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A Small-Town Image Belies a Retail Chain's Success

by on March 29, 2016 12:00 AM

Having spent the early part of my career in retail I invariably find myself critiquing stores whenever I am out in the world acting as a consumer. 

I can still recite many of the old-line retail maxims: Retail is detail; if there’s time to lean, there’s time to clean; there are two rules to retail - 1) the customer is always right and 2) when the customer is wrong re-read rule No. 1; the top three needs for any store are, location, location and location; and on and on…

Customer service being the watchword of the retail industry I usually -- when not shopping for commodities -- lean toward those businesses that make me feel good about being there.

In Happy Valley my desire for quality customer service means I mostly spend my hard-earned money at a “local” retailer -- either one that’s locally-owned and operated or a locally-owned franchise of a larger chain. Luckily this area has something in just about every retail category to cover my needs.

However, at least twice a year I venture over Seven Mountains to Milroy, only a few miles from the quaint town of Naginey, for a service not available here in State College.

As I drive to my appointed location I pass a Dollar General store that always makes me smile. One of the ways I know I’ve left the confines of our metropolitan area is the presence of a hitching post in a Dollar General parking lot. Nothing says “country” quite as effectively as, “here’s a place to park your horse.” With a de rigueur pile of you-know-what about eight feet in front of the post.

Which brings me to something I recently discovered that surprised me. It’s something I, the retail gadfly, wasn’t aware of and which reminded me of that age-old saying: you can’t judge a book by its cover.

My discovery occurred when I opened my internet browser and a headline popped up claiming, “Retailer Winning Sales Battle Against Online Merchants.” The retail topic caught my attention, and even though I expected the usual banal, regurgitated fluff piece from a stock press release, I clicked on it anyway.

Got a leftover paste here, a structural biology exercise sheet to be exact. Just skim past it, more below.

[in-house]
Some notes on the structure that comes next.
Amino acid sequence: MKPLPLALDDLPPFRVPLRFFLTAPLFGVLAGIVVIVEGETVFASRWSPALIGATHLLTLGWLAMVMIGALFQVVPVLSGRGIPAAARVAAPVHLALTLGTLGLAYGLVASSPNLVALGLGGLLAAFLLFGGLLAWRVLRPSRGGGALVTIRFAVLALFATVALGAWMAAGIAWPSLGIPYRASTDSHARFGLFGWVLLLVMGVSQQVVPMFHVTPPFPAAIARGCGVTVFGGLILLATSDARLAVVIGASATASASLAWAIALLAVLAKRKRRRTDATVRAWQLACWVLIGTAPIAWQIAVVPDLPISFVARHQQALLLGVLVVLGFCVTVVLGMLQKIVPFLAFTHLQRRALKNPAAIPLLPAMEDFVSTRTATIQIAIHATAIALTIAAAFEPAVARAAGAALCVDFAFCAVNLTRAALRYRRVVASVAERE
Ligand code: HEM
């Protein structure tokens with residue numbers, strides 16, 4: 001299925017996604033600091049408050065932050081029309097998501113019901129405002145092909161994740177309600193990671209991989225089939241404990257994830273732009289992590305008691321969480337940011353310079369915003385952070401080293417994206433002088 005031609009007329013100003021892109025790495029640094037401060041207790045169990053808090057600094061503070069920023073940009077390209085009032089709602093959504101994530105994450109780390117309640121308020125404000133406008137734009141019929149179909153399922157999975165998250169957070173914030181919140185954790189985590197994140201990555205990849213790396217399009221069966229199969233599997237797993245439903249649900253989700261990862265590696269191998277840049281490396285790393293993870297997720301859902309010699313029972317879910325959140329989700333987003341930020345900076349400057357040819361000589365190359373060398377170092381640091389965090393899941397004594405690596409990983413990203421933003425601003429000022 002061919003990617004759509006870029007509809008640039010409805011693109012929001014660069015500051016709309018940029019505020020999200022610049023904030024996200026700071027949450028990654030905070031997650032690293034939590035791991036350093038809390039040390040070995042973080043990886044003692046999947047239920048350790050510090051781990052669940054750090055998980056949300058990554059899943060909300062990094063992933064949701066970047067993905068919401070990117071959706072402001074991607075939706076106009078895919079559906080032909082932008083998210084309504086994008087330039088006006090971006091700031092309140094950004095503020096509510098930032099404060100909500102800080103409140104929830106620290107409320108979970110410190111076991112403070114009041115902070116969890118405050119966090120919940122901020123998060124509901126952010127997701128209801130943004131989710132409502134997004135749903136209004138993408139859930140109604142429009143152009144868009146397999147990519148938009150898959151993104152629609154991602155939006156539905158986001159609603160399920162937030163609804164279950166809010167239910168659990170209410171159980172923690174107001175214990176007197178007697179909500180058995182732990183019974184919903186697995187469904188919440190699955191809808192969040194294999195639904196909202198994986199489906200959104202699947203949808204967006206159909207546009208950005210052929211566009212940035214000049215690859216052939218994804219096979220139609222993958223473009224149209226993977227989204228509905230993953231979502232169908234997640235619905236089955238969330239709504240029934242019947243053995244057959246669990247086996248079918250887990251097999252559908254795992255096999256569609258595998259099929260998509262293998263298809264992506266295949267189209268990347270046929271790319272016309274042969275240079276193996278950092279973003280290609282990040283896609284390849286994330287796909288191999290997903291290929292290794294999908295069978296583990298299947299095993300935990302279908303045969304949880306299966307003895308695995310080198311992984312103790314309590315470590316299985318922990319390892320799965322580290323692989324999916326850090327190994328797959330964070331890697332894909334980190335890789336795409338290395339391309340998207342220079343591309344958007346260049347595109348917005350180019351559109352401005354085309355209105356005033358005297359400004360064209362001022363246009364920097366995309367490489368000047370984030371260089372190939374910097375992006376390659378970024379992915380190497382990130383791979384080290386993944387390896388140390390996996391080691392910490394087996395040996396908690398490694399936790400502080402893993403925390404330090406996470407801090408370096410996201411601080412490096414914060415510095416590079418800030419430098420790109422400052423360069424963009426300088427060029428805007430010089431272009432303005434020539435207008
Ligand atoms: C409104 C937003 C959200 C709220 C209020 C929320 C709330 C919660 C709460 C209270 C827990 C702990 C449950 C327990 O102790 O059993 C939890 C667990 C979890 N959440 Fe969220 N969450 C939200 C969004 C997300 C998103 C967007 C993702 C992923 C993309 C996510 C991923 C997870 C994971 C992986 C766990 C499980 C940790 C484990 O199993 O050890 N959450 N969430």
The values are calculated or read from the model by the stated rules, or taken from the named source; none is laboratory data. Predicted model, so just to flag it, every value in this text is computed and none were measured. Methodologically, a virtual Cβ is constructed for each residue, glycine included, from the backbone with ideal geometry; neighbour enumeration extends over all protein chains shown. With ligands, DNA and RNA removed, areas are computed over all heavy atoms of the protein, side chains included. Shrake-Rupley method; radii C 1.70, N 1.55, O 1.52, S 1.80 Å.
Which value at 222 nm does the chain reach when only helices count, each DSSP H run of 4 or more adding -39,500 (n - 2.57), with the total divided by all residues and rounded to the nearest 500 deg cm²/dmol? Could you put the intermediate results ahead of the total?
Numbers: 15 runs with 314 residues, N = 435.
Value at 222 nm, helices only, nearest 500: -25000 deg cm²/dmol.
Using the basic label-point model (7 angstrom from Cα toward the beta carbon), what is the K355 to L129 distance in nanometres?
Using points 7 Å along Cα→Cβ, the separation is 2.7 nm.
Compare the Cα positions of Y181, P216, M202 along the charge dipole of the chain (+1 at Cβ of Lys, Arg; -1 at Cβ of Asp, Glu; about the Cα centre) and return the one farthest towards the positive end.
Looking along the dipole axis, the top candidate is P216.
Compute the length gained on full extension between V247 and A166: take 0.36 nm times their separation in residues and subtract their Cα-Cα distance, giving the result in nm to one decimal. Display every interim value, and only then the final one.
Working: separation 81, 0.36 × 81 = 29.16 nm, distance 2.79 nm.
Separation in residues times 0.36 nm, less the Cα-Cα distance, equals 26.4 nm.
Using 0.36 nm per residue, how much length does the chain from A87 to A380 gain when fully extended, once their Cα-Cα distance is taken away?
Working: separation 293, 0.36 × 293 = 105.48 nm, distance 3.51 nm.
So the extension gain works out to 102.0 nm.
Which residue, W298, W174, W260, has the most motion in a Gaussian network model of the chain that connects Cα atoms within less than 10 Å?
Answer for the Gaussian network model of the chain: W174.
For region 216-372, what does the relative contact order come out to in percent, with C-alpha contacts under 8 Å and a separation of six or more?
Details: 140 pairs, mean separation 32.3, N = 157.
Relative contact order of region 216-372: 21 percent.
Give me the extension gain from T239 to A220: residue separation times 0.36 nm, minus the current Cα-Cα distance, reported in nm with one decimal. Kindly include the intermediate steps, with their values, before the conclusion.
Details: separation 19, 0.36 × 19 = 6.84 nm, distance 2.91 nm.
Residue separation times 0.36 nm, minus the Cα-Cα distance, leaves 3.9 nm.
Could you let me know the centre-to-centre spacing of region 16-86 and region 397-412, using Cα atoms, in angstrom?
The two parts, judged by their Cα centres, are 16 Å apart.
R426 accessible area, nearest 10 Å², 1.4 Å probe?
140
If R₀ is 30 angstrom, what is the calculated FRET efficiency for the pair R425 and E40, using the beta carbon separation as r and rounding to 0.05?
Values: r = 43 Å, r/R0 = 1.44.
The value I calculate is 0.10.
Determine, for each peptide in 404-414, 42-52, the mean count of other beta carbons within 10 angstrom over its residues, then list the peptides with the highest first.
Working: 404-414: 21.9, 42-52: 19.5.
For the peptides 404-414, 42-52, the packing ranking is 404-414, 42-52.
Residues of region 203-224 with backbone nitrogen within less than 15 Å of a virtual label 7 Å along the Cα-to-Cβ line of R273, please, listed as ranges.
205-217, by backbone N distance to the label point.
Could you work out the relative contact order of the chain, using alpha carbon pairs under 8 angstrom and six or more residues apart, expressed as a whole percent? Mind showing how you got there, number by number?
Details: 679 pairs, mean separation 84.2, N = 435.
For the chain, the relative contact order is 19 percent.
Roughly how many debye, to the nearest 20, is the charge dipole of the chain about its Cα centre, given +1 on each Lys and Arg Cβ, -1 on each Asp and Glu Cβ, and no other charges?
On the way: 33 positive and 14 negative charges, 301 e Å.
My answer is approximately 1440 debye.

The article quickly laid out the expected premise that many traditional brick-and-mortar retailers are fighting sales declines as online shopping grows. It then went on to name one retail giant that is doing quite well against this online onslaught. One that is not only doing well but growing.

Imagine my surprise when the article claimed this retailer is Dollar General.

Then I read on. And I was fascinated.

For years I have associated the presence of a Dollar General store with the presence of open space, and a general lack of population. I can’t recall the last time I shopped in one because there isn’t one near me. There is one in Bellefonte, but even Ferguson Township (population 17,000) apparently has too many people for their target demographic.

Based on their locations, signage and exteriors I had always assumed (you know what happens when you assume) it was a small franchise that catered to rural areas unserved by big-box, or even mid-size-box, retailers. The words “retail giant” never, ever, ever, ever, ever entered my mind as being descriptive of Dollar General.

Wow. Was I wrong.

Turns out Dollar General has 12,483 stores in the United States. Twelve thousand! There are more than 500 in Pennsylvania. And by the time you read this there will be more.

It had sales of $20.4 billion in 2015. Their CEO received over $9 million in compensation in 2014 – including 80 hours of personal use of the company’s aircraft (Dollar General has a company airplane!). Their Board of Directors is the equivalent of any major corporation. Directors include the CEO of Cracker Barrel, the CEO of AutoZone, the former president of ABC and the former CFO of CVS. All of whom received over $200,000 in compensation just for being directors. And their stock pays a dividend.

Well that certainly doesn’t fit the country image I have in my mind personifying Dollar General. Who knew? Seems I was not only incorrect about Dollar General but I was off by the proverbial broad side of a barn.

This is a retail giant that started out in 1955 as a single store in Springfield, Ky., with the concept that no item would cost more than $1. It went public in 1968 and has been growing ever since.

Which sounds oddly similar to another story I recall from my retailing days gone by. There was a five-and-dime store that opened in 1950 in Bentonville, Ark., which grew into full-service discount store. It went public in 1970 and it too has been growing ever since. Its name, of course, is Walmart. 

In another few weeks I’ll again be making that twice-yearly trip over to Milroy. Except this time when I pass the Dollar General with the hitching post outside I’ll remember that underneath that small-town exterior is a multi-billion dollar citified corporation. Like they say, the more you know…

John Hook is the president of The Hook Group, a local management consulting firm, and active in several nonprofit organizations. Previously John spent 25 years in executive, management and marketing positions with regional and national firms. John lives in Ferguson Township with his wife Jackie and their two children.
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